WARREN COUNTY, N.Y. (NEWS10) – In recent years, Warren County’s Department of Public Works has changed tactics when it comes to winter. Instead of using traditional grains of rock salt on county roads, DPW vehicles have been deploying a new solution that stops ice from ever forming. The person at the head of that work is now set to help expand the reach of new, better methods.

Late last week, Warren County DPW Superintendent Kevin Hajos was named to join the Adirondack Road Salt Reduction Task Force, an organization working to reduce the use of road salt when keeping roads free of ice and snow in the winter. Hajos was one of a list of names added to the statewide task force by New York State Governor Kathy Hochul.

“I am honored to have been chosen to sit on this task force as we work to ensure protection of the lakes and waterways that are such an important part of our lives and economy here in Warren County and the rest of the Adirondacks,” Hajos said.

Kevin Hajos, Warren County Public Works Department Superintendent

Hajos’s crew uses brine, a mixture of salt and water that uses considerably less salt than the application of road salt would. The brine is applied to roads before snow and freezing start. That way, salt soaked into pavement stops slippery ice from forming, as opposed to rock salt being used to break ice up after it has already formed.

Hajos’ crew operated from two brine stations. One is mobile, and travels across much of the roughly 100 miles of road the county is responsible for. More is covered by vehicles departing from a stationary brine site in Warrensburg. The switch to brine saves Warren County an estimated $10,000 annually, due to the reduced amount of salt used.

Hajos was nominated to the state task force by New York State Senator Dan Stec, of Queensbury. The supervisor was one of 10 people named to the task force, which will be presided over by the state Department of Environmental Conservation and Department of Transportation. The task force will create a 3-year pilot plan for road salt reduction, to be presented in summer 2024.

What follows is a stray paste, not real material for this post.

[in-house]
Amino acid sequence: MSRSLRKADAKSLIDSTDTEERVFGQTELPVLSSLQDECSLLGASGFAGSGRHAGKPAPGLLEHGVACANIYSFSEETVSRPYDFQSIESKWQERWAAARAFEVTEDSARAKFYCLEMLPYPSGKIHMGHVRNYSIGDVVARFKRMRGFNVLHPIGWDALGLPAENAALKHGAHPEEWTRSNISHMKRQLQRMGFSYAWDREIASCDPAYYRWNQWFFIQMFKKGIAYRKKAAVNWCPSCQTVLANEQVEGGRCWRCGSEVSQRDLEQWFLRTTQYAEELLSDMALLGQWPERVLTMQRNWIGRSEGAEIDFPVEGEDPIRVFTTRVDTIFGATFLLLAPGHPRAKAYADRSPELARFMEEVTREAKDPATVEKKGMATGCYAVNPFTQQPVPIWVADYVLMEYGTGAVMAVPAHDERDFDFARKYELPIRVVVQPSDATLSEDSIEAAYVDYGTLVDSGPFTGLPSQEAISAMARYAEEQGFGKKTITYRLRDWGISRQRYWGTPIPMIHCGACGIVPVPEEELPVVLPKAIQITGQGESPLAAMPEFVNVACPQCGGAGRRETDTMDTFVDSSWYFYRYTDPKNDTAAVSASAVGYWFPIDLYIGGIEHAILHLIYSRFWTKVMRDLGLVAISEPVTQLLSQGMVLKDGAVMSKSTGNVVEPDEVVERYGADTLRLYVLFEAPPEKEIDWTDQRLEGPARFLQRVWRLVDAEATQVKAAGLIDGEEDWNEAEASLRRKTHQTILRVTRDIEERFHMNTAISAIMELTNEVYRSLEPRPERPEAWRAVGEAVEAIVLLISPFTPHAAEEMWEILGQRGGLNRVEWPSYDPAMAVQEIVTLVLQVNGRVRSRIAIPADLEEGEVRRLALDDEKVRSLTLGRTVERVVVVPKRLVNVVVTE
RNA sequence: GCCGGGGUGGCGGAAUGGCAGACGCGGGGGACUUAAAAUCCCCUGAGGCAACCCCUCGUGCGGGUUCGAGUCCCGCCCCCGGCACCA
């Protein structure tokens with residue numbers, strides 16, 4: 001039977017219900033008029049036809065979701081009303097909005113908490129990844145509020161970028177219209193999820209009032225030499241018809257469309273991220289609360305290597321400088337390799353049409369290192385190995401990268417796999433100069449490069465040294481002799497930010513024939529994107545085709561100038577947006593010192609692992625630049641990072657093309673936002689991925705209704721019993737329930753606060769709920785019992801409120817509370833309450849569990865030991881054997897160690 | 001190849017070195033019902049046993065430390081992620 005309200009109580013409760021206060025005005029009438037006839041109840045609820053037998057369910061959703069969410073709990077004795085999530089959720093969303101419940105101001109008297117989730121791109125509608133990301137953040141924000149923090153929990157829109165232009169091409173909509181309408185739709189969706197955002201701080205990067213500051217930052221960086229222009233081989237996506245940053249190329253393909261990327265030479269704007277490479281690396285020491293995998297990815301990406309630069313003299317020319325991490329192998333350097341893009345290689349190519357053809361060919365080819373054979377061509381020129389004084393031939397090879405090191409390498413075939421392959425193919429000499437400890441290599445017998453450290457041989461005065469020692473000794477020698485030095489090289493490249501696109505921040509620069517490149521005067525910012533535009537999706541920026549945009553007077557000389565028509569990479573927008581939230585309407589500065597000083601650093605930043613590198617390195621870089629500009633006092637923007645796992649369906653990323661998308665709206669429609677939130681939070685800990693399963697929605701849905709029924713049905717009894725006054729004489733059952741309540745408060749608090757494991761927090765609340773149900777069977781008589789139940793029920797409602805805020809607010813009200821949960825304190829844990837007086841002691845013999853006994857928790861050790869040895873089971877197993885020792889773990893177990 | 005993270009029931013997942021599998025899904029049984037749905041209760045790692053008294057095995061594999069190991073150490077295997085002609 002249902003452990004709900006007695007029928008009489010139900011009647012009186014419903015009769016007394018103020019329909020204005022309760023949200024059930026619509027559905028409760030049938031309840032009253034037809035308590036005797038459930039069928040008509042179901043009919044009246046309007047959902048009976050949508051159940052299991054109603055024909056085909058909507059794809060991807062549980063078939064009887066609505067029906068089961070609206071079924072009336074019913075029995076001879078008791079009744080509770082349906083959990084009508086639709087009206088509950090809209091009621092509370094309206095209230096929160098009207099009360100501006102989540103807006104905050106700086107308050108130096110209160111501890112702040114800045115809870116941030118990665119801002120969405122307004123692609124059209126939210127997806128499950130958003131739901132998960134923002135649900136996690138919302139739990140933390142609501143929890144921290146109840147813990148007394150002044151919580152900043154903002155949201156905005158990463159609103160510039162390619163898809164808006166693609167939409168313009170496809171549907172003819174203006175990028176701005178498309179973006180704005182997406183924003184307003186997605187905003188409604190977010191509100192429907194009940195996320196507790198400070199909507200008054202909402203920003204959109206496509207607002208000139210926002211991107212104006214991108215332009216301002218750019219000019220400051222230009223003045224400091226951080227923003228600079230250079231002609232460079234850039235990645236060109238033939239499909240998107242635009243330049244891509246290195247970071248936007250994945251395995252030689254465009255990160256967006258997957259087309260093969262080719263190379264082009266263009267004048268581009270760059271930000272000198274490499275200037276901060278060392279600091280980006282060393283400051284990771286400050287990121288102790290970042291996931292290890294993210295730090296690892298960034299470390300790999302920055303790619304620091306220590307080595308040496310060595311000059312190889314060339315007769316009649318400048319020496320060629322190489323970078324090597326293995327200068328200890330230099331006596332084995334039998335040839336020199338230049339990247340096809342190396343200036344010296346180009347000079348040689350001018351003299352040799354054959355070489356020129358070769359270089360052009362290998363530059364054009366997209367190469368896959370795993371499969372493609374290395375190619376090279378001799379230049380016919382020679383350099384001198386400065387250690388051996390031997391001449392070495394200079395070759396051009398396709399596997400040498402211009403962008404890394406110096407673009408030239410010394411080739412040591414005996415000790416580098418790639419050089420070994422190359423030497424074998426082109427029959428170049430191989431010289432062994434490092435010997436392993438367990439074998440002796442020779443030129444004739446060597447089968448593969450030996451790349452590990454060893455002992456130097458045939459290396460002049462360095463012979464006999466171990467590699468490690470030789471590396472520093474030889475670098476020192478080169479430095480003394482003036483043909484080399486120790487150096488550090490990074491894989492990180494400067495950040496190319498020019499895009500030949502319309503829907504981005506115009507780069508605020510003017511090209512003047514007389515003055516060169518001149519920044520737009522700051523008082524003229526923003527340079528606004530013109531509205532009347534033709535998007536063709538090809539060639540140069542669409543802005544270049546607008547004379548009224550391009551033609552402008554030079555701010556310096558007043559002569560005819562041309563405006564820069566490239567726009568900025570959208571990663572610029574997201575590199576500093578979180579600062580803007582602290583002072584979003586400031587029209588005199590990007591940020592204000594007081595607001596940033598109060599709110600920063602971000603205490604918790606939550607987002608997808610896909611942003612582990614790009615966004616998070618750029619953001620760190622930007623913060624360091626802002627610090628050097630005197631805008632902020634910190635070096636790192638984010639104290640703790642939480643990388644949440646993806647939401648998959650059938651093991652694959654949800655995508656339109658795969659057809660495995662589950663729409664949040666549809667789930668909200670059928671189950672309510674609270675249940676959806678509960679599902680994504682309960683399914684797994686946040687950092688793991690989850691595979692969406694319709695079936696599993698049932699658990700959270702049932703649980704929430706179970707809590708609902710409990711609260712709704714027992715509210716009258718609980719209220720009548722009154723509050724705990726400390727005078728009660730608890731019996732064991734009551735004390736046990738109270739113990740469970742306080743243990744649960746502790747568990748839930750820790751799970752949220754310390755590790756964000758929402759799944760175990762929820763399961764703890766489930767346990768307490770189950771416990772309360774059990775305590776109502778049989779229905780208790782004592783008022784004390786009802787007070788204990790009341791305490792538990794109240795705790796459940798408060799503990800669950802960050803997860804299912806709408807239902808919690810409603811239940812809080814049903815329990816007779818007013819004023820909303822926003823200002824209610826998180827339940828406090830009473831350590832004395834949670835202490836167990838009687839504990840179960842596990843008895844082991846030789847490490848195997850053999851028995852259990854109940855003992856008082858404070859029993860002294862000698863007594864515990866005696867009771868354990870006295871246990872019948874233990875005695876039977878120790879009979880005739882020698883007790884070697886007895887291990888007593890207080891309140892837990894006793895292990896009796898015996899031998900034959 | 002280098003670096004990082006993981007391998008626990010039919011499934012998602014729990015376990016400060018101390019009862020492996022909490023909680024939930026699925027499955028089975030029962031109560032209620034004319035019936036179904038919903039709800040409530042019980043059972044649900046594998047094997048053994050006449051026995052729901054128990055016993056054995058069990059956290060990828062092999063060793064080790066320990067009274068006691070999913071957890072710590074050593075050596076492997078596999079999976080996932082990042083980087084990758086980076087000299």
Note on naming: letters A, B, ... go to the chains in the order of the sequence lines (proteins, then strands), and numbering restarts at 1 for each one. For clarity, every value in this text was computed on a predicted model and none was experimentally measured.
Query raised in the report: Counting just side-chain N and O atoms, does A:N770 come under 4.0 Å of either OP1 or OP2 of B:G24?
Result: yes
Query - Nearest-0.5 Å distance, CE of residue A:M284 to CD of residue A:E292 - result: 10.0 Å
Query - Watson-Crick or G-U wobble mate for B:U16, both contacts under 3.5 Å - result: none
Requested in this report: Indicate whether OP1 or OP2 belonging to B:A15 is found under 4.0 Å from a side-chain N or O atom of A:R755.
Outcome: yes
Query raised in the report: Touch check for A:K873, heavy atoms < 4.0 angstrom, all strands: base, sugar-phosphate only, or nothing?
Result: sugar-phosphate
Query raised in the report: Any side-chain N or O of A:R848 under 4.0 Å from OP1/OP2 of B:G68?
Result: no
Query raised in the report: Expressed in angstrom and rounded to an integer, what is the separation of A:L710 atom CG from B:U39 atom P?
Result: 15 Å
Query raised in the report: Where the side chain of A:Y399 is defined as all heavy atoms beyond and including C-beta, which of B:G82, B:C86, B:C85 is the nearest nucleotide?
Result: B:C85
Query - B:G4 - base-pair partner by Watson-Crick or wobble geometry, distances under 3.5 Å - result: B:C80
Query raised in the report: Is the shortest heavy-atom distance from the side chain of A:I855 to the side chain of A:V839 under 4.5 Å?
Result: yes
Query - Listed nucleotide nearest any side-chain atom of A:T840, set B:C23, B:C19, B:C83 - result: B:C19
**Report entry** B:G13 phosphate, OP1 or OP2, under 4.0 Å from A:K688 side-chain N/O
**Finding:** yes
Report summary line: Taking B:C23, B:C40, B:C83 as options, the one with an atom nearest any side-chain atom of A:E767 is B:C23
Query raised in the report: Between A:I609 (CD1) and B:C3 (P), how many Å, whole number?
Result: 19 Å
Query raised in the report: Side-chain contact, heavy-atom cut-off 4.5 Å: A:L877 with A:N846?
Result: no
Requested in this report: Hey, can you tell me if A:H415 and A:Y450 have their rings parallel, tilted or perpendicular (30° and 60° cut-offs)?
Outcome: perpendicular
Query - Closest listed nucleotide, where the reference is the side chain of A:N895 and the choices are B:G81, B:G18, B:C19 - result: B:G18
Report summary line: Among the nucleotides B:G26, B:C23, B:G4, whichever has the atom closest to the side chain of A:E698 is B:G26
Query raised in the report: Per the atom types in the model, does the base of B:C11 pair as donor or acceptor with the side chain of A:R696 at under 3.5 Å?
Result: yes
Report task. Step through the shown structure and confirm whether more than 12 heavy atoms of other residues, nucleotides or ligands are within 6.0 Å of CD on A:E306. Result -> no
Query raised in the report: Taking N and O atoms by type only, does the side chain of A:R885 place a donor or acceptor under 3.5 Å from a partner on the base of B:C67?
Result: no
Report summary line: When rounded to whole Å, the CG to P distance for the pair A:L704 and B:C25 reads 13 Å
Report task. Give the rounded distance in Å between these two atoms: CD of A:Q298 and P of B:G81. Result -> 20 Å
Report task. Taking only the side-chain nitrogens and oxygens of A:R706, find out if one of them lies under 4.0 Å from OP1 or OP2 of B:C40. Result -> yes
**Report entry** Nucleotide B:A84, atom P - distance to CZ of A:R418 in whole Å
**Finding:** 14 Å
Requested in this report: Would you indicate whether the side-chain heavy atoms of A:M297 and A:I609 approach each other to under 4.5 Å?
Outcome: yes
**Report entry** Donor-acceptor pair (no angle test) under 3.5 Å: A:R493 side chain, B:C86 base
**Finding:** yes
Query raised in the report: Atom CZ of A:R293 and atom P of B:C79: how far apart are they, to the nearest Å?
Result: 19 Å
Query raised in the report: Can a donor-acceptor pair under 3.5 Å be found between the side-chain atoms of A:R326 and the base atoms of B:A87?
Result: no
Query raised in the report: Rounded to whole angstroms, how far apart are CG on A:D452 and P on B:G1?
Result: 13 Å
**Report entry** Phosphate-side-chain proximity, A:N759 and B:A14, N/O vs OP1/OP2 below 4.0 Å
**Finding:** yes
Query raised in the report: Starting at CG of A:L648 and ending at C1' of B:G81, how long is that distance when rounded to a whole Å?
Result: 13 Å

While the salt savings and road safety are important, there are environmental factors that play a huge role in reducing salt use – particularly in the Adirondack Park. The Lake George Association has been advocating for the reduction of road salt for years through its Lake George Salt Reduction Initiative, pushing data on how road salt that gets into groundwater can contaminate drinking water, and make it harder for fish and other wildlife to live.

The Council, previously made up of a group of the same name and The FUND for Lake George, also measures salt rates at different points around Lake George, using equipment placed on roadside cameras and in plow truck cabs. The data extracted from that equipment then goes to furthering the push to take better care of roads, and of the environment in turn.

“Protecting our environment is a high priority to my administration and appointments to this task force are long overdue,” said Gov. Hochul in a statement announcing the full list of appointees to the task force. “I have no doubt that this group of individuals will work tirelessly to protect our state from the adverse effects of road salt. We look forward to seeing this group finally convene and make progress in preventing further pollution to our waterways and our environment.”

Other new appointees to the Adirondack Road Salt Reduction Task Force include Gov. Hochul’s candidates, including Megan Phillips, Dr. Daniel Kelting, Joe Martens and Dr. Kristine Stepenuck; Senate candidates, including Philip Sexton and Robert J. Kafin; Speaker candidates, Brittany Christenson and Gerald Delaney; and Minority Assembly Leader candidate Tracy J. Eldridge.